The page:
I have to assume that there are security risks here and anything written here could be printed publicly or taken out of context. But, that’s the nature of an open system, and I have to behave and write accordingly.

    In many ways it’s probably good practice for us to write and interact, knowing that this is an open environment. It lets us maintain an informal style, while all the forcing us to interact in a professional manner.

  • #68700

    Elaine Pack

    I like option 3. Let anyone join but have them automatically moderated until you release them. This keeps the spam out, yet allows the lurkers to enjoy all benefits of the site until they choose to post.I co-moderate a VERY large and active Yahoo site that works this way and it works quite well.The overhead work to release new posters is minimal, and the badboys never get to the list. Or badgirls–let’s not be sexist 🙂

  • #68698

    Michael P. Bishton

    Thank you for creating GovLoop.
    1. Open is as open does. It is a principal worth exploring. The conversation’s the thing, wherein we’ll capture the conscience of the king (with apologies to Shakespeare). Or at least have some promising conversations with each other.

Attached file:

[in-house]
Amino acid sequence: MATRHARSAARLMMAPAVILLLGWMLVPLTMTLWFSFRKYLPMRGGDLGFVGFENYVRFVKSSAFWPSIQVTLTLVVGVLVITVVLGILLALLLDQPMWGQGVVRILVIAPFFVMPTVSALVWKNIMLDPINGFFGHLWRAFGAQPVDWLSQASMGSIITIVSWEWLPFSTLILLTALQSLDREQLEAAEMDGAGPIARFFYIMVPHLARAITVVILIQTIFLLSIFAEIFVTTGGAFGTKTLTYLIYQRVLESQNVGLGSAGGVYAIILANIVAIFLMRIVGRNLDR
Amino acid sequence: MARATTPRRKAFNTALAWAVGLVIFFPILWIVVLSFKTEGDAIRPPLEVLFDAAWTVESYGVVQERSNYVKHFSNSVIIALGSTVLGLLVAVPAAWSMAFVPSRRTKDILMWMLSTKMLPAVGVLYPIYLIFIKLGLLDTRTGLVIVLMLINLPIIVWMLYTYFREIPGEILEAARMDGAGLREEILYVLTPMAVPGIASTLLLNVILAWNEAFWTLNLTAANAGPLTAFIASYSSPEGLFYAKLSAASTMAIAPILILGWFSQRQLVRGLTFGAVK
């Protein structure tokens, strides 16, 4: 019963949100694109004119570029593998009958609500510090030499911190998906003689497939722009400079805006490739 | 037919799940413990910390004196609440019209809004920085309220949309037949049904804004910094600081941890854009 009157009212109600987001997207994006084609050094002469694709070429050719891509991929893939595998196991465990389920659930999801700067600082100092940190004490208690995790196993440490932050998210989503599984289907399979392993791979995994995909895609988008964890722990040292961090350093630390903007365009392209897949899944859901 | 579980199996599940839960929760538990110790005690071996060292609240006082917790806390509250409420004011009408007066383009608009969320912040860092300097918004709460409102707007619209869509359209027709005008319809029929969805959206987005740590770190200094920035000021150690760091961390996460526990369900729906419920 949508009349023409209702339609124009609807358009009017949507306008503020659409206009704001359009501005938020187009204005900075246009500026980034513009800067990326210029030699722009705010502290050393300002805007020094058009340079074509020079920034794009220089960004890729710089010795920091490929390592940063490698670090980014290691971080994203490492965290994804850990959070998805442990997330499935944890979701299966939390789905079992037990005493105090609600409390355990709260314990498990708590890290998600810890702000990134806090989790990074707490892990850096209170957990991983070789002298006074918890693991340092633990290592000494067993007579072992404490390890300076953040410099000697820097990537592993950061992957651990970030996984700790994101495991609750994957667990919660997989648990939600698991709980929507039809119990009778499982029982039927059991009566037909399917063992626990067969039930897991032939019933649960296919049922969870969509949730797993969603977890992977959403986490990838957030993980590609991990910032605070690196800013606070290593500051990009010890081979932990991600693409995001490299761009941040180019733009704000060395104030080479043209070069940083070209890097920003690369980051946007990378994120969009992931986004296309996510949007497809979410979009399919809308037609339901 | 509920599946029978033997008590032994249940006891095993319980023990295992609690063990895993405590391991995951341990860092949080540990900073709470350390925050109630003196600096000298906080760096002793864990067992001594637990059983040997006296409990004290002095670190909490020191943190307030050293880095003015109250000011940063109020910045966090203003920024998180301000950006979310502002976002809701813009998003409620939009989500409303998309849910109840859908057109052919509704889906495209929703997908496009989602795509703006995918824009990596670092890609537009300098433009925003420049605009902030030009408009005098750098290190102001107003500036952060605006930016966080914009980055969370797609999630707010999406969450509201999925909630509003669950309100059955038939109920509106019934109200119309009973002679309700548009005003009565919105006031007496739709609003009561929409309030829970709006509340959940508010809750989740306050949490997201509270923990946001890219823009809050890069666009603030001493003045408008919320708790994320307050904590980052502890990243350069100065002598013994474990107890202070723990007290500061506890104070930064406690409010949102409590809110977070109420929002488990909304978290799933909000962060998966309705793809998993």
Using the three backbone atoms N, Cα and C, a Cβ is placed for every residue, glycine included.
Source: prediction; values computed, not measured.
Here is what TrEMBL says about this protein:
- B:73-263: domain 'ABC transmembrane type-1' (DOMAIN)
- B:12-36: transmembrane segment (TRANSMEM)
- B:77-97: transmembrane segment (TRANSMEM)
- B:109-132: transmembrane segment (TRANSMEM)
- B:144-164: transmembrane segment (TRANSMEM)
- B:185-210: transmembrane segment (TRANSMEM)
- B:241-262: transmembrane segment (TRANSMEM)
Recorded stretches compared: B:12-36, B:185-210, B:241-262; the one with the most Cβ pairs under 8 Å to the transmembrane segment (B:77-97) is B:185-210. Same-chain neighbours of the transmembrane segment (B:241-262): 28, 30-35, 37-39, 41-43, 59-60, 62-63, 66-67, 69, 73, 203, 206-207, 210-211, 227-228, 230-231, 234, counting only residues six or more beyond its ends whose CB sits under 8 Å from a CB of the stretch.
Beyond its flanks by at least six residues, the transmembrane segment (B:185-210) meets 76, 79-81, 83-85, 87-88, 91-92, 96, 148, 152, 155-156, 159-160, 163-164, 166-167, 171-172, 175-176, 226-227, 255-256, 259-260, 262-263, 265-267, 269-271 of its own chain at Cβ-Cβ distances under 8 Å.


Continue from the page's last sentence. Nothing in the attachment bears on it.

• #68696

    Steve Ressler

    Great thoughts and would love to hear more. Couple thoughts:

    1) Check out the “Report an Issue” button which is at the bottom of every page. This is the best way to report a problem and people always do a great job reporting and I’d encourage people to do more. If reported, I hop on it and fix the problem

    2) Seems like the general philosophy to keep the spirit of openness. As always I’m going to let the community lead the way on this discussion and keep it as is for right now. But I will monitor the situation and potentially move to moderated if really needed.

    And as always would encourage more thoughts and comments….


  • #68694

    Allen Sheaprd

    I hope not.

    My original work with computers was on UNIX on a VAX and PDP-11 and things where wide open (think stone age just after punch card era when CRTs where introduced) People played nice.

    I hope we can work together openlly and if need be tighten things down instead of tighten them down now and never give us a chance to show that we can work well together. Let us earn an open system or let us earn a closed one.

    The only thing I want is the ability to clean up offensive posts. Even trusted friends will make mistakes and say the wrong thing – only to regret it later. The President himself made a bad comment on Jay Leno without meaning too.

    Just my thoughts.

  • #68692

    Allen Sheaprd


    Hi. It looks like your goal is not to restrict access to Gov employees only but to help prevent fly by one time posters.

    How do you feel? Is that right?